Fear is a disease-

Jan 15, 2007
Review by  
Rated a Very Helpful Review

Pros:Gorgeous scenery, natural acting, admirable characters, great story, edge-of-your-seat anticipation.

Cons:Gory, gory, gory- very high body count, and a couple loose ends.

The Bottom Line: Definately subtitled, but it doesn't slow anything down. It's an inspiring action-type story that gets you really involved- and kills off a lot of characters.

And yet there is so much to be fearful of. This was a phenomenal movie, with a gripping, powerful story, natural acting, and a tremendous attention to detail. It was also the goriest movie I've seen for a while, with a massive bodycount.

The main character in the movie is Jaguar Paw, living in a small village with his wife and son (Turtle Run) and with a second child on the way. His father is definately a respected individual in the village, and is a singularly courageous figure.

There's a lot of teasing and relatively good humored practical jokes- actually, the movie begins with the guys picking on one young man who has been unable to impregnate his wife, but instead of it seeming cruel, it just demonstrates how much laughter there is in this group of people.

While they're out hunting- with what seems like an awfully high tech impaling contraption- they encounter a group of people whose village was ravaged- they are going deeper into the forest to begin again. The father is right- they reek of fear.

But there is much to be fearful of. Slave traders for the Mayans come one morning, brutal and efficient. They have one particularly hateful character, but for the most part you get the feeling that this is just a way of life for them- that they feel those invaded should have been better prepared, or maybe stronger somehow. Oh, and they have a leader-father and his son dynamic too, so that makes for a weird sort of parallel.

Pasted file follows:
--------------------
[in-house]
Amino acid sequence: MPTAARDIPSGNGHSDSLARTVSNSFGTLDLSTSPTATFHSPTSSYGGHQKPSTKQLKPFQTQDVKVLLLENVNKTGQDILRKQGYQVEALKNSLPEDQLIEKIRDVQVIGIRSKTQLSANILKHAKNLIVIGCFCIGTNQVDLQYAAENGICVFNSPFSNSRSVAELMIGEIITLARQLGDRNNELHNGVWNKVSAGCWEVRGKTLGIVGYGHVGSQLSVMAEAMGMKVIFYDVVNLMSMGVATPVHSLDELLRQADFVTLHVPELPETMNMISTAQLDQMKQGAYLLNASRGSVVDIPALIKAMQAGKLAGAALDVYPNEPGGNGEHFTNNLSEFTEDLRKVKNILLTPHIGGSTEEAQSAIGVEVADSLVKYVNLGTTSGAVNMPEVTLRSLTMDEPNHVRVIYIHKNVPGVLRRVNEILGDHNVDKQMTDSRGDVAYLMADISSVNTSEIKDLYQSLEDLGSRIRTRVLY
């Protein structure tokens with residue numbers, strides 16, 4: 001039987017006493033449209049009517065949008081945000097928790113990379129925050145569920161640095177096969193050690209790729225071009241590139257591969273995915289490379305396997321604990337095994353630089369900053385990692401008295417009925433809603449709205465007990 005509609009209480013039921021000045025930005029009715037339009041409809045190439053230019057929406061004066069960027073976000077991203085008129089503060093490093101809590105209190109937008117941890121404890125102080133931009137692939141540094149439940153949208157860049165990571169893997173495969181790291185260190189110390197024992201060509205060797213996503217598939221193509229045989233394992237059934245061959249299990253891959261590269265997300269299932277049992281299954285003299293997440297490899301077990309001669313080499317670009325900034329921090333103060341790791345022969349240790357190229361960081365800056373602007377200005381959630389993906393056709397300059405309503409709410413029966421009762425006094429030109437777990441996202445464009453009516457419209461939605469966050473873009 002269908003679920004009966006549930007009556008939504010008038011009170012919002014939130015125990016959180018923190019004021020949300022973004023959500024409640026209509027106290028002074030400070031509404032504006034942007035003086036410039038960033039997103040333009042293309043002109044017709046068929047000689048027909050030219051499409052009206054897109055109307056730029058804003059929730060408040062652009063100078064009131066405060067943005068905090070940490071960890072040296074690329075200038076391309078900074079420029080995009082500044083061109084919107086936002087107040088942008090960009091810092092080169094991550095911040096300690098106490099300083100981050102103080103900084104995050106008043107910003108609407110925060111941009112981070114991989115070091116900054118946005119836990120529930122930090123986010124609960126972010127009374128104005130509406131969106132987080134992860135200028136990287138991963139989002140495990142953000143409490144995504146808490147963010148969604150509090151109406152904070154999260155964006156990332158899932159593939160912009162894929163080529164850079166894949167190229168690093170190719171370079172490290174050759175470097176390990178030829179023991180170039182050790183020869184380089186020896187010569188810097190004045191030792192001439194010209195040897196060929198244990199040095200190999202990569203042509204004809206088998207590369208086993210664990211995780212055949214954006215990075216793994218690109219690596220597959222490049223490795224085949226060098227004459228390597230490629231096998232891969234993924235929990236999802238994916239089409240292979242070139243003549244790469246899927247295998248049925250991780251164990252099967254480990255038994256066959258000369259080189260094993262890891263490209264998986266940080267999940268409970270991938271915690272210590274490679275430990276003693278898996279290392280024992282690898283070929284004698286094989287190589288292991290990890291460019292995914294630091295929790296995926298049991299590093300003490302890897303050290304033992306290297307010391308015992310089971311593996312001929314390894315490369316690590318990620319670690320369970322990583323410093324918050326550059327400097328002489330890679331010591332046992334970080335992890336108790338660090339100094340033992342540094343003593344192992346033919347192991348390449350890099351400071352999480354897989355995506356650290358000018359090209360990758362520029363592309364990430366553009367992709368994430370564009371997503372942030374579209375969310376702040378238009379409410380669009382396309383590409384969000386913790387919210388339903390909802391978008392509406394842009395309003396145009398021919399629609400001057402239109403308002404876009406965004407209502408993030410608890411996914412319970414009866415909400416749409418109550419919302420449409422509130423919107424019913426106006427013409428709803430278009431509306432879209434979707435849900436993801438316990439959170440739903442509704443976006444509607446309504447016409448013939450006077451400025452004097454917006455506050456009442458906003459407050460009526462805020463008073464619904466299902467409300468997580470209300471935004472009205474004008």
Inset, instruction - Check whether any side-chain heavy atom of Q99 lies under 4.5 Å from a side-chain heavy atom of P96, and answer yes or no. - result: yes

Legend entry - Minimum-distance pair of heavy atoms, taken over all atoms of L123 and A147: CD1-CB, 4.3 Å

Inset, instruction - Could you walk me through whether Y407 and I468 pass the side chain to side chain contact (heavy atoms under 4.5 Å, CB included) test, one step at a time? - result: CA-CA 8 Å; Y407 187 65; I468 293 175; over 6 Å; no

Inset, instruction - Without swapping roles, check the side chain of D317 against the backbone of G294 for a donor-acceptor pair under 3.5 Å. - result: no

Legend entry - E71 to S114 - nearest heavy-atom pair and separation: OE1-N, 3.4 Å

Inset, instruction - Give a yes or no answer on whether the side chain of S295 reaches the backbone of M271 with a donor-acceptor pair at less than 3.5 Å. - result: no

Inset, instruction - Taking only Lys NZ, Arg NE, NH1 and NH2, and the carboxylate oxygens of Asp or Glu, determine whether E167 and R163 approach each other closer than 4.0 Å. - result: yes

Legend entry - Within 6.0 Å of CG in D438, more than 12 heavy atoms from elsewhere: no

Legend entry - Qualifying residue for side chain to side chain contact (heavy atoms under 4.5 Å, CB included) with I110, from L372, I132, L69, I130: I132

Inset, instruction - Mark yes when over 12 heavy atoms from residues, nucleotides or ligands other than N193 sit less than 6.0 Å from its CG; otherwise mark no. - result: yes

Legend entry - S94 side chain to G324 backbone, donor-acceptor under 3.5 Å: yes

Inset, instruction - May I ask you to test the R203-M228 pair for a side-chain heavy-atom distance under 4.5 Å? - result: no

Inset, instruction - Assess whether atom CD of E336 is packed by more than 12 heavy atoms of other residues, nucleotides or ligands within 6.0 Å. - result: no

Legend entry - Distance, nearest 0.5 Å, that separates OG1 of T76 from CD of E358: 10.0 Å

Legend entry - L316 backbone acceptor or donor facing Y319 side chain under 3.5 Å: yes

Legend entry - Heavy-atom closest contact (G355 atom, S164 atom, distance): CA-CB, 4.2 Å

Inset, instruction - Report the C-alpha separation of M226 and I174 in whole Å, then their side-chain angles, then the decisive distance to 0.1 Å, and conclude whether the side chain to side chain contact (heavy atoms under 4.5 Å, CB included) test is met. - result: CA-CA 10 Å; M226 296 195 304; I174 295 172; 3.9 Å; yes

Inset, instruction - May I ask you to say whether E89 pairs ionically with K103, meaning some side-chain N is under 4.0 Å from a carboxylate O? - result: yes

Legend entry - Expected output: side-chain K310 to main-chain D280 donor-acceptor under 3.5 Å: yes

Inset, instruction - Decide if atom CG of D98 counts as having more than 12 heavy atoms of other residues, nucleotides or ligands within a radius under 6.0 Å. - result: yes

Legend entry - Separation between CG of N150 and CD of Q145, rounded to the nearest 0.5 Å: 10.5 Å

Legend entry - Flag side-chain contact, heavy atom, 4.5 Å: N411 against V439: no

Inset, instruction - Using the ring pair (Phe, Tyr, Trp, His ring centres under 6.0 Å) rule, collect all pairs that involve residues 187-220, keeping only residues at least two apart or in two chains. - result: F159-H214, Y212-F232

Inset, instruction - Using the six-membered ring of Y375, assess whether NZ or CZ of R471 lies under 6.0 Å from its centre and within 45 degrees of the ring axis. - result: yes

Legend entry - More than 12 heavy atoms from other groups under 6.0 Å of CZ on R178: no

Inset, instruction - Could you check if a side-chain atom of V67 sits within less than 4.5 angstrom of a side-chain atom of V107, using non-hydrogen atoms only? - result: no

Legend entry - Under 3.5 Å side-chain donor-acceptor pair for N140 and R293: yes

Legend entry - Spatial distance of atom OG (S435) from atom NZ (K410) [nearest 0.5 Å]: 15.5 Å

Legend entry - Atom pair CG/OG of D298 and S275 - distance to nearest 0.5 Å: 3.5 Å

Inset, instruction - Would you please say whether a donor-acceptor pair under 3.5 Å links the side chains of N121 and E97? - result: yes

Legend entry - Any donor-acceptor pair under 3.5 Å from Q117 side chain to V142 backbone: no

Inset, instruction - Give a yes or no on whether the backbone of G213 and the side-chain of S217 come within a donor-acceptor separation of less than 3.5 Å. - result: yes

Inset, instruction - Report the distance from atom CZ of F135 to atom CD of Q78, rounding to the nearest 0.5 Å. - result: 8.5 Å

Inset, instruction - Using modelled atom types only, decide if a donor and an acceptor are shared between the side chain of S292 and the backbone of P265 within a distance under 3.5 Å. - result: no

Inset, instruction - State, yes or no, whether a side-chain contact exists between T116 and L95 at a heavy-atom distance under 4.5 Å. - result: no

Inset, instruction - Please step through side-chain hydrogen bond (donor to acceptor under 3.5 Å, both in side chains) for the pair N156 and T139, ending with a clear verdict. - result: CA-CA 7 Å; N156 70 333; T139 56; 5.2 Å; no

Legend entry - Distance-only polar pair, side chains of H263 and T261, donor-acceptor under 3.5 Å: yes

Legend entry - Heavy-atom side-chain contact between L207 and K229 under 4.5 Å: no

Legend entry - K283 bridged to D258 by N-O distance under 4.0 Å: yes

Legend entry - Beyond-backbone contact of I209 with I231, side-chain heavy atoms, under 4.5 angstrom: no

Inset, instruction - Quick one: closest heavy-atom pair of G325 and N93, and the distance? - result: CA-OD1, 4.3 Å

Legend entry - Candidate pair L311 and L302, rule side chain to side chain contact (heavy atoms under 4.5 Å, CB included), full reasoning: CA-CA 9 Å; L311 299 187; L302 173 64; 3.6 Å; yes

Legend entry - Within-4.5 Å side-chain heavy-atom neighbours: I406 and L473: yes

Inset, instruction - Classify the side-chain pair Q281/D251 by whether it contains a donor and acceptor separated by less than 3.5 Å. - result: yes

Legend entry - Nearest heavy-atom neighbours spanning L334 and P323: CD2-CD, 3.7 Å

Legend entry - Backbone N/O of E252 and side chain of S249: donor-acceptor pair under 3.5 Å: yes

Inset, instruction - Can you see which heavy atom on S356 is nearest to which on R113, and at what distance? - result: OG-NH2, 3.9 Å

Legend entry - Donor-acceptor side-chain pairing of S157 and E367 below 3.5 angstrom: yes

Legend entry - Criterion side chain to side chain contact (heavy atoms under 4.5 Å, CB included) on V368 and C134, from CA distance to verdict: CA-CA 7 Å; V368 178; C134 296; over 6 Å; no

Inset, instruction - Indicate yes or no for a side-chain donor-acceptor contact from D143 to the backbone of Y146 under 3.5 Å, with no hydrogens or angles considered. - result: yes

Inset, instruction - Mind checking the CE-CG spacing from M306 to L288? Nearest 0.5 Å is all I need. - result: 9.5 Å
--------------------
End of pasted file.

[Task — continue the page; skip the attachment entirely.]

At any rate, Jaguar Paw hides his pregnant wife and their young son, so they're safe from the slavers but also trapped where he's hidden them, so when he gets taken as well, he's got to find a way back.

From the forced-march to a Mayan city (and just what goes on to support a city, what occurs on the outskirts) to the sacrificial ceremonies they're performing, you just ache for the characters. And then, when he actually does manage to get away he's wounded and being pursued ruthlessly, but- don't read this if you don't want to know- it ends on a hopeful note. They go deeper into the forest, to find a new begining.

There's the mandatory jump off the waterfall, followed by what may be the best scene in the movie- Jaguar Paw swims to the shores, staggers upright, and yells up at his pursuers that his father hunted that forest, that he's hunted it since he was a boy, and that his sons and grandsons will hunt it after him, daring them to come and get him. Actually, the message of the movie is kindof there- him becoming truly fearless, confident in himself and in his environment, and in his ability to be the man his father was.

Historically- goodness knows how accurate it is. The people living quietly, at one with nature- surely that was, at one point. And the Mayans definately had some insane, bloodthirsty ceremonies, and I very much doubt they were sacrificing their own best and brightest. It was kind of cool to see all those bas-relief carvings come to life, clothing and body paint and crazy hairstyles and all.

So far as kids go- I mean, if they can watch something like Saw, then by all means, but still. The sexual humor isn't bad, but there's a lot of blood, and even if they don't show the whole Mayan cut-out-the-still-beating-heart thing, you have a pretty good idea what's going on. And then there's using people as target practice, and body pits, just general unpleasentness.

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